On our final day without Carl, we rode into Osceola avoiding a thunderstorm. Rachel actually planned a perfectly timed ride – we pulled into Balsm Lake and popped into a breakfast place right as the sky opened. By the time we’d finished breakfast, the sun came out and we had absolutely gorgeous weather for the remaining miles. We arrived in Osceola pretty early, and Abby and I had a great time hanging out in our room. I’m realizing I haven’t really been able to have much one on one time with anyone. I want to try and do that more.
Three days ago someone in the group started acting weird – very similar to how Carl was acting in Munising right before he got sick – getting upset over really, really tiny things like leaving a half hour later than planned or which side road we should’ve used when we went off route for food. Each day one or two things were added to a list of grievances and each day there were attempts to argue them with me. At first I tried reasoning, but just like in Munising, the rational didn’t make sense. I’ve tried to figure out if there’s an underlying issue, I’ve tried appeasing, and I’ve tried ignoring, but nothing seems to be helping. I’m wondering if whatever Carl had is making its rounds and the physical symptoms haven’t yet manifested, or maybe the tour is catching up with all of us, and we’re just really tired. Either way, it’s been extremely frustrating, but we’re on tour, so you just gotta let it roll, right? One of the most important things to keep a tour on track and enjoyable is when issues arises, you just have to let them hit you and roll off your back. I’ll admit, I’ve had to do this a lot more than I anticipated, but I’m pretty pleased with how well I’ve been doing. I attribute this ability to Joel. His laid back attitude has definitely rubbed off on me.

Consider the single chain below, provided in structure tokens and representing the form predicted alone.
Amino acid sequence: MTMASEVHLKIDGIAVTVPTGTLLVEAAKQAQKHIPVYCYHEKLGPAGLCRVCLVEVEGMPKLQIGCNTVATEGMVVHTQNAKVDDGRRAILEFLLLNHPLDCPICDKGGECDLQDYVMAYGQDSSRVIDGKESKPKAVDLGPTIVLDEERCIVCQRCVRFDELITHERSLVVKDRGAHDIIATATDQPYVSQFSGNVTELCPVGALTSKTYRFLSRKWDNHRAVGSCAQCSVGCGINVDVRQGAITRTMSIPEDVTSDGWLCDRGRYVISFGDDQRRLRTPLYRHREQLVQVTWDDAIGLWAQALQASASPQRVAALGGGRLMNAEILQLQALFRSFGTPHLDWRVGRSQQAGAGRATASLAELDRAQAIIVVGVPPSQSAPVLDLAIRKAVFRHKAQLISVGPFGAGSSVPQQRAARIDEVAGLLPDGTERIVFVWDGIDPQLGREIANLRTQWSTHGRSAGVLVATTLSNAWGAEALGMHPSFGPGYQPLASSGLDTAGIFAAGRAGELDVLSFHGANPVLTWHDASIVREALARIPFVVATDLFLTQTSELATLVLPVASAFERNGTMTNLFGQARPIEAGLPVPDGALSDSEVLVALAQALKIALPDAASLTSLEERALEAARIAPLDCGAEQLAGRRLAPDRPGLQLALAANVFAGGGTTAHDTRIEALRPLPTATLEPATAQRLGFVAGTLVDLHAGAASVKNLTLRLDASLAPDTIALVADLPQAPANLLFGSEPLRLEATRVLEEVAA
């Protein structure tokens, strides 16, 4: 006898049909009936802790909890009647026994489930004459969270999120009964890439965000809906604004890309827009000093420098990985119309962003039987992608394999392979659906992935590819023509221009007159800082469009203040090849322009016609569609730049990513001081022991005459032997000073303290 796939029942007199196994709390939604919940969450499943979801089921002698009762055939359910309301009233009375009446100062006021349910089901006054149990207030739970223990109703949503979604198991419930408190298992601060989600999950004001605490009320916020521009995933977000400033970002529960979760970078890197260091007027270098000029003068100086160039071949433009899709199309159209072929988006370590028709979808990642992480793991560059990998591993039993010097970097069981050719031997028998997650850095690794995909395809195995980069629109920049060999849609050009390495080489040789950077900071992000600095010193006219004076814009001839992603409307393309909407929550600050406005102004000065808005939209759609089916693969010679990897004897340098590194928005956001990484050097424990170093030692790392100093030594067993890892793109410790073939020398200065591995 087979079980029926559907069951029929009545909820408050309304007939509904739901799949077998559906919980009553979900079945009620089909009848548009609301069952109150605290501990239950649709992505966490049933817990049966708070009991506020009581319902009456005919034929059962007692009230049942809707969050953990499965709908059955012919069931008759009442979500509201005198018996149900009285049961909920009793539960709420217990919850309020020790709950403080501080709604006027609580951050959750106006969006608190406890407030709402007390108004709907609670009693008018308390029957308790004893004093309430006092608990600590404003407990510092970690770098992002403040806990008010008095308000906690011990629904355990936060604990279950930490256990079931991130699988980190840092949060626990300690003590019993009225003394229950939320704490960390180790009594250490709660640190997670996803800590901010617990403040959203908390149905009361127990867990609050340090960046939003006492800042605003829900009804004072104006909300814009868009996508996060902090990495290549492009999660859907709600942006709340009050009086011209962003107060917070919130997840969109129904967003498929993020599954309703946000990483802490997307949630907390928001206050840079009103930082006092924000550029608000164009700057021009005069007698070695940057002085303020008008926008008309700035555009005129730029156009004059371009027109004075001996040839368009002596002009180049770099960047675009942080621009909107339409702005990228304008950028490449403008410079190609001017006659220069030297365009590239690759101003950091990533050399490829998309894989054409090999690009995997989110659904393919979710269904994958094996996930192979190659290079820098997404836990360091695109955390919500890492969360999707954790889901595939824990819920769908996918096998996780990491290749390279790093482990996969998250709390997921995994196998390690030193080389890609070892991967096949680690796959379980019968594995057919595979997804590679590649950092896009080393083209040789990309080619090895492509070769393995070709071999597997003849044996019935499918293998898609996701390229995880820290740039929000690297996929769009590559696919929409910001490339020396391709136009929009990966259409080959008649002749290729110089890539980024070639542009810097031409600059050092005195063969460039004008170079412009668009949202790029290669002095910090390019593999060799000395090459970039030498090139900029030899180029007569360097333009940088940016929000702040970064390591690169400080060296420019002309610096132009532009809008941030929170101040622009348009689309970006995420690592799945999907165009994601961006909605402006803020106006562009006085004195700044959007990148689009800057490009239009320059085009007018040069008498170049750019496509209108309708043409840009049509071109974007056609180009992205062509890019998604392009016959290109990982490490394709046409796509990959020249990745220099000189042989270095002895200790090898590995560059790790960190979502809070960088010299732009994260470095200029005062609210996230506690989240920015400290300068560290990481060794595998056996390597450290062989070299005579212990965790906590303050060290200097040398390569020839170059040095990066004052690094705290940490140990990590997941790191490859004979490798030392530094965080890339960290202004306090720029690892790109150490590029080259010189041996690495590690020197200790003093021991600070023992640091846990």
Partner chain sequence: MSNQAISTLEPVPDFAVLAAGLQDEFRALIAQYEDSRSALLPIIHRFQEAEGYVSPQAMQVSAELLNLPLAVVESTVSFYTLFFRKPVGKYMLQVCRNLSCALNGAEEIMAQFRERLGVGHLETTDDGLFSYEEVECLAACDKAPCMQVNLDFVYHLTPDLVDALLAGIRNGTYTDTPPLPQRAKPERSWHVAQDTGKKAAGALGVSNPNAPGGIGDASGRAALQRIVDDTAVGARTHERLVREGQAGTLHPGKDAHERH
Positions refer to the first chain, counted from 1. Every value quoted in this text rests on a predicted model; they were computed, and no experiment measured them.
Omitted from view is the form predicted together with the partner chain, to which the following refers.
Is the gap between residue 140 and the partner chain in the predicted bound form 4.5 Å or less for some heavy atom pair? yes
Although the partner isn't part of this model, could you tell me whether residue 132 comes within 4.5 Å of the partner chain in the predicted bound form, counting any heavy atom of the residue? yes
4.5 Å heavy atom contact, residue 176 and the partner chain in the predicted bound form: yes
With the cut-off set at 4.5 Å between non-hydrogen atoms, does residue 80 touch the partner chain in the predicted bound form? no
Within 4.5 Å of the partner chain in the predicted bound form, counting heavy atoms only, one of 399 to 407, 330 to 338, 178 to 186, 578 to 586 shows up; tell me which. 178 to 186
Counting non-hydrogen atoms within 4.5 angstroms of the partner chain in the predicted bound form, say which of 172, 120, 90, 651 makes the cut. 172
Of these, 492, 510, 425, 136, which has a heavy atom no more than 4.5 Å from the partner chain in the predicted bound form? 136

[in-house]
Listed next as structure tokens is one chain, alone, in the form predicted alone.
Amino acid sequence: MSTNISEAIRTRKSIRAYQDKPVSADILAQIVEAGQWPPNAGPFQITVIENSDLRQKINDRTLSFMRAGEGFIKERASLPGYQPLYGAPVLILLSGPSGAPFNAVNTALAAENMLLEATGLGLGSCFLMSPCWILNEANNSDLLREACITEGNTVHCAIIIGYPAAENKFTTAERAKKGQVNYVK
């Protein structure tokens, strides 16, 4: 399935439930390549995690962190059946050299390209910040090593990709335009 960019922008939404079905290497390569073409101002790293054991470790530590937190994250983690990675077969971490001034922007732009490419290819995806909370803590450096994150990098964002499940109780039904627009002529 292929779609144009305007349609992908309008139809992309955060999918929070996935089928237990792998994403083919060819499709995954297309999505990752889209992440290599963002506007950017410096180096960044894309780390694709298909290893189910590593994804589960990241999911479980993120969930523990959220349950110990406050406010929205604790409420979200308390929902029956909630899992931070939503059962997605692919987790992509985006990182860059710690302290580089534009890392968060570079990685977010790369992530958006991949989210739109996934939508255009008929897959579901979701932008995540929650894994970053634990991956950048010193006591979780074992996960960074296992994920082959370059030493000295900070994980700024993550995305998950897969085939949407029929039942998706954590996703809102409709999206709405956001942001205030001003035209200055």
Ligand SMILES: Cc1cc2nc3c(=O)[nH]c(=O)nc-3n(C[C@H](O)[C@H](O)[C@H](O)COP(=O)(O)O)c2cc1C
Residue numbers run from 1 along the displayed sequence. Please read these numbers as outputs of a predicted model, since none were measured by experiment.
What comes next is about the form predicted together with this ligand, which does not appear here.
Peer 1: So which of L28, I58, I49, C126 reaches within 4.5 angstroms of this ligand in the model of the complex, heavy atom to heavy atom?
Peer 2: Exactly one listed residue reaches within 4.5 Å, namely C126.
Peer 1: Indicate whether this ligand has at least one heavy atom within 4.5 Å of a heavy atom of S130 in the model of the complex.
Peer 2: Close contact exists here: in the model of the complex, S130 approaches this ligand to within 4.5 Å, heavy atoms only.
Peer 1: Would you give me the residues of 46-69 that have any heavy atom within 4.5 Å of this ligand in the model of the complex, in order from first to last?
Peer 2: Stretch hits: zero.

Carl is back. On one hand I’m thrilled to have my friend back. On the other, I’m worried. I’m worried the injury/illness will lead to another incident which will end far worse than the event in Munising. I just keep thinking how lucky it was that he swerved off the road rather than into a car. Every night we had phone service, we called him to let him know what happened that day (to make sure he still felt apart of the group) and reaffirm we wanted him back. He’s so concerned about holding us up, I wasn’t 100% sure he would return until he was standing outside the hotel in Osceola. On top of all this, the initial circumstances of Carl’s greatest pre-trip concern were in the making. While my biggest fear was crashes involving cars, Carl’s biggest concern was leaving St. Paul – heading out into the great, vast west – with a small injury, like an irritated achilles or a bit of knee pain, then having that issue intensify once we were in the middle of nowhere – how would you get help or get back home? In three days Carl will leave St. Paul – heading out into the great, vast west – with a cracked rib and collar bone, and possibly a viral infection.